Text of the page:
Click the Apps option in the left sidebar menu to go to the Apps page.

Before configuring the Errsole module in your app code, you must create an entry for your app in Errsole. To do this, click the Create App button and complete the form.

Errsole supports four environments for every app: Development, Testing, Staging, and Production. The app errors are categorized based on these environments for better management and tracking.

Under every app entry, you will find dedicated cards for each of the four environments, with each card offering the following information:

  1. Environment Name: Displays the name of the environment (e.g., Development, Testing, Staging, or Production) for easy identification and differentiation.
  2. Active Processes: Displays a real-time count of the active app processes running within the environment.
  3. Unresolved Errors: Displays the number of unresolved errors within the environment, helping you assess the severity and impact of the issues.
  4. Last Error Occurrence: Displays the time of the most recent error that occurred in the environment. This time serves as a reference point for understanding the error frequency and tracking the overall system stability.

On the right side of each app entry, you will find the following buttons to perform various actions:

  1. View Errors: Clicking this button will take you to the Errors page of the app, where you can view all the errors that have occurred in the app.
  2. Processes: This button directs you to the Processes page, which provides detailed information about all the active processes of the app.
  3. Developers: Clicking this button will take you to the Developers page. Here, you can invite developers to the app and manage their permissions at a granular level.
  4. App Tokens: This button takes you to the App Tokens page, where you can access the tokens generated for the app. Errsole generates a unique token for each environment.
  5. Edit Details: Click this button to update the name and description of the app.
  6. Setup Module: Clicking this button will direct you to the Setup Module page. Here, you can find the Errsole code snippet that needs to be placed at the beginning of the app's main file. The Errsole token is included in this code snippet.
  7. Delete App: If you wish to delete the app entry from Errsole, click this button.

Errors Page

The Errors page presents a comprehensive view of all errors that occurred across all environments of an app.

To go to the Errors page of an app, you can follow either of these steps:

  • Click the View Errors button located on the right side of the app on the Apps page.
  • Alternatively, you can click the Errors option in the left sidebar menu.

Environment Cards

Errsole supports four environments for every app: Development, Testing, Staging, and Production. The app errors are categorized based on these environments for better management and tracking.

The Errors page displays dedicated cards for each of the four environments, with each card offering the following information:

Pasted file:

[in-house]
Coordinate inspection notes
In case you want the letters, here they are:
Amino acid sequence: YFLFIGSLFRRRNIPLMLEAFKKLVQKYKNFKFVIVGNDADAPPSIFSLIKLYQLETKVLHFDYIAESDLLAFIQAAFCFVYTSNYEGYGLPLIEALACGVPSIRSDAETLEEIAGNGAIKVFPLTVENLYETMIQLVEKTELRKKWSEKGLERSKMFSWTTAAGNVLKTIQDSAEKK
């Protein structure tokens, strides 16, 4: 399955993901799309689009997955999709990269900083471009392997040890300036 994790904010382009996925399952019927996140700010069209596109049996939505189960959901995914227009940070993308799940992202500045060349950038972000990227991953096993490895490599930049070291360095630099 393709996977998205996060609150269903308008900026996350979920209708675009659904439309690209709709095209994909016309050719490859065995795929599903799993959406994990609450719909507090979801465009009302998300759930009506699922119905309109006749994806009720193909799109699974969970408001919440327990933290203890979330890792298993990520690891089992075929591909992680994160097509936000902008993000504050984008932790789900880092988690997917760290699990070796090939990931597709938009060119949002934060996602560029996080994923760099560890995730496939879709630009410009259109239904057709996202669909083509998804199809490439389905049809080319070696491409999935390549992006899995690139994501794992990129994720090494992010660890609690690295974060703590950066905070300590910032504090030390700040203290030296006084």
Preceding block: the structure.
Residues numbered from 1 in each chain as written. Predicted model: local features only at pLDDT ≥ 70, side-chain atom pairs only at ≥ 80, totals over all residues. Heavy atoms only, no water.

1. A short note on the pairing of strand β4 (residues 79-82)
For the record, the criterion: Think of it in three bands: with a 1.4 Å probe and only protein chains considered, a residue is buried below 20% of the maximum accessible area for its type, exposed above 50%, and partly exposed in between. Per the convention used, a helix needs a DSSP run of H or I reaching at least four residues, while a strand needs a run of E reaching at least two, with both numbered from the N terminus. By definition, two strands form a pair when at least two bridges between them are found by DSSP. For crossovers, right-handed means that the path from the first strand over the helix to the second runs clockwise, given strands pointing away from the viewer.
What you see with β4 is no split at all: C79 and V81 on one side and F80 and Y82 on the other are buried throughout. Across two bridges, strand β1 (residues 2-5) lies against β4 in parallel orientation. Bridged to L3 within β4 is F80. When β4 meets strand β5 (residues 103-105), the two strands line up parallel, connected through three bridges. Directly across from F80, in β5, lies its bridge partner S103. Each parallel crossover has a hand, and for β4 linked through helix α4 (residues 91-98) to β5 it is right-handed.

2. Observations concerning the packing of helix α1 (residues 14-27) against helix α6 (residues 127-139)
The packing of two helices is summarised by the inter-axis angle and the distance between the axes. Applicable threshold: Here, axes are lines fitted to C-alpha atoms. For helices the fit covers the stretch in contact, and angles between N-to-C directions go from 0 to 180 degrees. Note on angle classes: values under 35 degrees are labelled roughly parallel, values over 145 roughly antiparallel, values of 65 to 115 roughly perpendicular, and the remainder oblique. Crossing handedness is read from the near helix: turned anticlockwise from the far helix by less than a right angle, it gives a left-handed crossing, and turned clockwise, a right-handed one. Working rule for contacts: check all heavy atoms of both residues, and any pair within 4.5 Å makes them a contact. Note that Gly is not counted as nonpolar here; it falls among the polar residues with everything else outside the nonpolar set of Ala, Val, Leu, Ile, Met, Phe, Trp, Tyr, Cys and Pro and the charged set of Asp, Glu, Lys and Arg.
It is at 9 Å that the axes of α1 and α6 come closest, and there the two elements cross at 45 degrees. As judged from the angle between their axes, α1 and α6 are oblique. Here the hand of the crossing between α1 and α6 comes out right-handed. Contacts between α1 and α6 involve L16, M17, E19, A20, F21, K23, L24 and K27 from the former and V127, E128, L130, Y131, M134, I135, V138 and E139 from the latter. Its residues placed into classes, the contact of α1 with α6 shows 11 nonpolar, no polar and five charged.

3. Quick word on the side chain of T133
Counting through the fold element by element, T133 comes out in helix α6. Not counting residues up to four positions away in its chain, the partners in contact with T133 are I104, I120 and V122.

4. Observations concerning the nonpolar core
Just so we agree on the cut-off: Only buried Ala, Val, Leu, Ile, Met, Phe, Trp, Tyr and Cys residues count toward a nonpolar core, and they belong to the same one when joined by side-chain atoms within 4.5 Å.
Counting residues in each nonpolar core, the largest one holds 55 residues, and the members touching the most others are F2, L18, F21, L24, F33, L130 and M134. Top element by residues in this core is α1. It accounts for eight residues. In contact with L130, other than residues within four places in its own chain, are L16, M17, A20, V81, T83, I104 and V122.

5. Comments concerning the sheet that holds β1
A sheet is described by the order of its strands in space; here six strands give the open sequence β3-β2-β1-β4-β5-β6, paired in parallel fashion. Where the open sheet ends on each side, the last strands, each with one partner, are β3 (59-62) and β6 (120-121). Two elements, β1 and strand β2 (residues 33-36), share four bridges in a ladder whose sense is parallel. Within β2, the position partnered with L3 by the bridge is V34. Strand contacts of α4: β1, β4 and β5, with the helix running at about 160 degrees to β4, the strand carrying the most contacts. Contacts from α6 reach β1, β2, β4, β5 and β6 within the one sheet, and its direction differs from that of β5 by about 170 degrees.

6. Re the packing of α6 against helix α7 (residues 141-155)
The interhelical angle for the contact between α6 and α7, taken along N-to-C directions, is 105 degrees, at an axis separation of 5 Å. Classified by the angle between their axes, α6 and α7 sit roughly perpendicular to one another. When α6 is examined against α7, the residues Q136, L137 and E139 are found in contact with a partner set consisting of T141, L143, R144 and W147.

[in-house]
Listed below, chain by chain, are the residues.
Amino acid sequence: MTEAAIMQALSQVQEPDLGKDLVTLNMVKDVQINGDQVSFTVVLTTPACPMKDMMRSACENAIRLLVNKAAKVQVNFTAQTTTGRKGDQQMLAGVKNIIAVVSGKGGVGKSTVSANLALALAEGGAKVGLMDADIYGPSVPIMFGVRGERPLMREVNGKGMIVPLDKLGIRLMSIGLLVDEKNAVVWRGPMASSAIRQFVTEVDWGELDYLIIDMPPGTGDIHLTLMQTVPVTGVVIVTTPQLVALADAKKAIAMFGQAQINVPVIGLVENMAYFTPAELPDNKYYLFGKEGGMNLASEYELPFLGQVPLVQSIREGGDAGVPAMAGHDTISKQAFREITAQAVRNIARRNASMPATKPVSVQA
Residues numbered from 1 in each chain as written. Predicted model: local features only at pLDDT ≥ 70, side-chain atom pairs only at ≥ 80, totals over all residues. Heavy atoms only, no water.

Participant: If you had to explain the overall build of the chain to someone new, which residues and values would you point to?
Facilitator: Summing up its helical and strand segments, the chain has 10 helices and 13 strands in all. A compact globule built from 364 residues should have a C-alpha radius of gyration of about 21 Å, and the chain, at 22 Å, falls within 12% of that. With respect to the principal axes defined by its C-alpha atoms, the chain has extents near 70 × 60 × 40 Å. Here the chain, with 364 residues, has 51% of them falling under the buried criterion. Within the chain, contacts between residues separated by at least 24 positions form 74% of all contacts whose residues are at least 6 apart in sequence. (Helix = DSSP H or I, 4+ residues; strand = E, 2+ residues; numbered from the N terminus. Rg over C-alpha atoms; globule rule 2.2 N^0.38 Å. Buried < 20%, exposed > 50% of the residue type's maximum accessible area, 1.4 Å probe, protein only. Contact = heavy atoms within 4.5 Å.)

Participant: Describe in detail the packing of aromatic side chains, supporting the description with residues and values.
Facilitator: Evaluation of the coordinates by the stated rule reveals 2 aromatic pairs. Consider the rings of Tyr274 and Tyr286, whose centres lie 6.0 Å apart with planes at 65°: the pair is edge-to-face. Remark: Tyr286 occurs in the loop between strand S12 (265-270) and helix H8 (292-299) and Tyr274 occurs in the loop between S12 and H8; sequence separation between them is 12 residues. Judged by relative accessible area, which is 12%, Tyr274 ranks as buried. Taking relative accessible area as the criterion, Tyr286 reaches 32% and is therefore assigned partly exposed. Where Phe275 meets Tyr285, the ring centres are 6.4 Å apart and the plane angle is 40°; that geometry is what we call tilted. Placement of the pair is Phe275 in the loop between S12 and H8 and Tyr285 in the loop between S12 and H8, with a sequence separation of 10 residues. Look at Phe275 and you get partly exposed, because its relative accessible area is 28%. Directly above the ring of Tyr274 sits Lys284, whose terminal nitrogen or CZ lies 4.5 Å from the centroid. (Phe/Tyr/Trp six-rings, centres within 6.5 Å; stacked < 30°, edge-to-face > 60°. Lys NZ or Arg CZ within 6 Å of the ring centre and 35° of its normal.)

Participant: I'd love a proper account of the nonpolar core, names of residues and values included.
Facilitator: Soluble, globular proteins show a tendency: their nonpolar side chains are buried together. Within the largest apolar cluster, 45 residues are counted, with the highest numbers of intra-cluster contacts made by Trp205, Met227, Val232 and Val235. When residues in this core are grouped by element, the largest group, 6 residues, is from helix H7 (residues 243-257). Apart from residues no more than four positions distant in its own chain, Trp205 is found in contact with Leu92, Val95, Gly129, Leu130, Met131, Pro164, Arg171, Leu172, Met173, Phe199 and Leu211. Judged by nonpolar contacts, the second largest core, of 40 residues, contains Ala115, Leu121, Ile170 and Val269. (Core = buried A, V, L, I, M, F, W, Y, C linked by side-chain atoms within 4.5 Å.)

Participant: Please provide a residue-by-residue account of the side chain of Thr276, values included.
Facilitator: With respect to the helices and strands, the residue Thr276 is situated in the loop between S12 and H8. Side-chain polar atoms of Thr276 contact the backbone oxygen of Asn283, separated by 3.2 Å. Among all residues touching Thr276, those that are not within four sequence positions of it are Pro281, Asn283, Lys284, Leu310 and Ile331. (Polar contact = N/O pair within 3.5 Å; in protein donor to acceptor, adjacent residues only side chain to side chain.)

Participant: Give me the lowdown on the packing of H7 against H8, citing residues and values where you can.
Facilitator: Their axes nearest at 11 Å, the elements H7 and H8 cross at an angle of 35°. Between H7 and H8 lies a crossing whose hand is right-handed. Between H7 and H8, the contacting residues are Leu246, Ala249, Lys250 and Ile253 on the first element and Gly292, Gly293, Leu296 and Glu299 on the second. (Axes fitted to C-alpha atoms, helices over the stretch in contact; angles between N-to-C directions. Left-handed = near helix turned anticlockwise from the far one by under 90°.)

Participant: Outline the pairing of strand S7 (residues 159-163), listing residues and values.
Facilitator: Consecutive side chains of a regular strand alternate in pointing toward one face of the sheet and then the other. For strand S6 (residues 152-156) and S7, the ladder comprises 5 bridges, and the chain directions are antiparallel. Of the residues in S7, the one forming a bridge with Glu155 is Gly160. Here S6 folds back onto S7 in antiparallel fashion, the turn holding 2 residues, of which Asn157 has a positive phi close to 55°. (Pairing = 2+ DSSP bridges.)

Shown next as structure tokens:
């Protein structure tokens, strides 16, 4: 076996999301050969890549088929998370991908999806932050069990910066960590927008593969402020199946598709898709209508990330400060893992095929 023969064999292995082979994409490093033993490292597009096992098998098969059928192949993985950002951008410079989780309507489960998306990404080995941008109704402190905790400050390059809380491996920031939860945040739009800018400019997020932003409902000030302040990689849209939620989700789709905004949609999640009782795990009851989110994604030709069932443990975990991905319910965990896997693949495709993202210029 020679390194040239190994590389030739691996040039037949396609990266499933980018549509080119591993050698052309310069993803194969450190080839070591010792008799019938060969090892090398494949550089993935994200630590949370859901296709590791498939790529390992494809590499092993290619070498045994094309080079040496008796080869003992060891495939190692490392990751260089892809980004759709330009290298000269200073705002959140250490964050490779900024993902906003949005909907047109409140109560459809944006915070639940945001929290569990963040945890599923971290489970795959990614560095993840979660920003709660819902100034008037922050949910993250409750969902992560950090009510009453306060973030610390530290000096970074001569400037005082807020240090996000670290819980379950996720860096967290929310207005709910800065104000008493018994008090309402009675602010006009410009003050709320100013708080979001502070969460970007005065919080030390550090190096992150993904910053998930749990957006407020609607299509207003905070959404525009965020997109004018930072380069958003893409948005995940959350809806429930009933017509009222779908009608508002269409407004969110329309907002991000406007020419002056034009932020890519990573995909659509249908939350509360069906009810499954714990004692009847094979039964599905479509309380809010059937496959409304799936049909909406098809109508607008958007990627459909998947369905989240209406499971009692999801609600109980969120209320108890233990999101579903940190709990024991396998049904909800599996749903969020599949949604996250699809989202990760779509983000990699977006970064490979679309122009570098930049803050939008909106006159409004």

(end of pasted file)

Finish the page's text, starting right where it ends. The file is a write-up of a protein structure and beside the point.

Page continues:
1. Environment Name: Displays the name of the environment (e.g., Development, Testing, Staging, or Production) for easy identification and differentiation.
  2. Active Processes: Displays a real-time count of the active app processes running within the environment.
  3. Unresolved Errors: Displays the number of unresolved errors within the environment, helping you assess the severity and impact of the issues.
  4. Last Error Occurrence: Displays the time of the most recent error that occurred in the environment. This time serves as a reference point for understanding the error frequency and tracking the overall system stability.

By clicking an environment card, you can view all the unresolved errors specific to that environment.


Errors Table

The Errors table presents a complete list of unresolved errors specific to the selected app and environment. These errors are organized chronologically, with the most recent error appearing first.

Each row in the errors table presents the following details about an error:

  1. Expand Button: Click the "+" icon located on the left side of each error to get complete details about the error, such as the error stack, HTTP request that triggered the error, and HTTP response.
  2. Error Details: The error details cell contains the following information:
    1. HTTP Response Status Code: If the error is an uncaught exception, this field displays the keyword "Uncaught".
    2. Error Message
    3. Error Id: A unique identifier for each error within the application. You can use this identifier to reference a specific error.
    4. Last Occurrence: The relative time when the error occurred. Hovering over this field will show the exact date and time of the error.
    5. HTTP Request: The HTTP request that triggered the error. Only the HTTP method and path are shown here.
  3. Occurrences: The total number of times the error has occurred.
  4. Actions: On the right side of each error, you will find the following buttons to perform various actions:
    1. Debug: Clicking this button will take you to the Errsole debugger. In the debugger, you can reproduce the error and debug the server code within a sandbox environment.
    2. View Log: In case of an error, clicking this button will display the series of requests that the user made before encountering the error.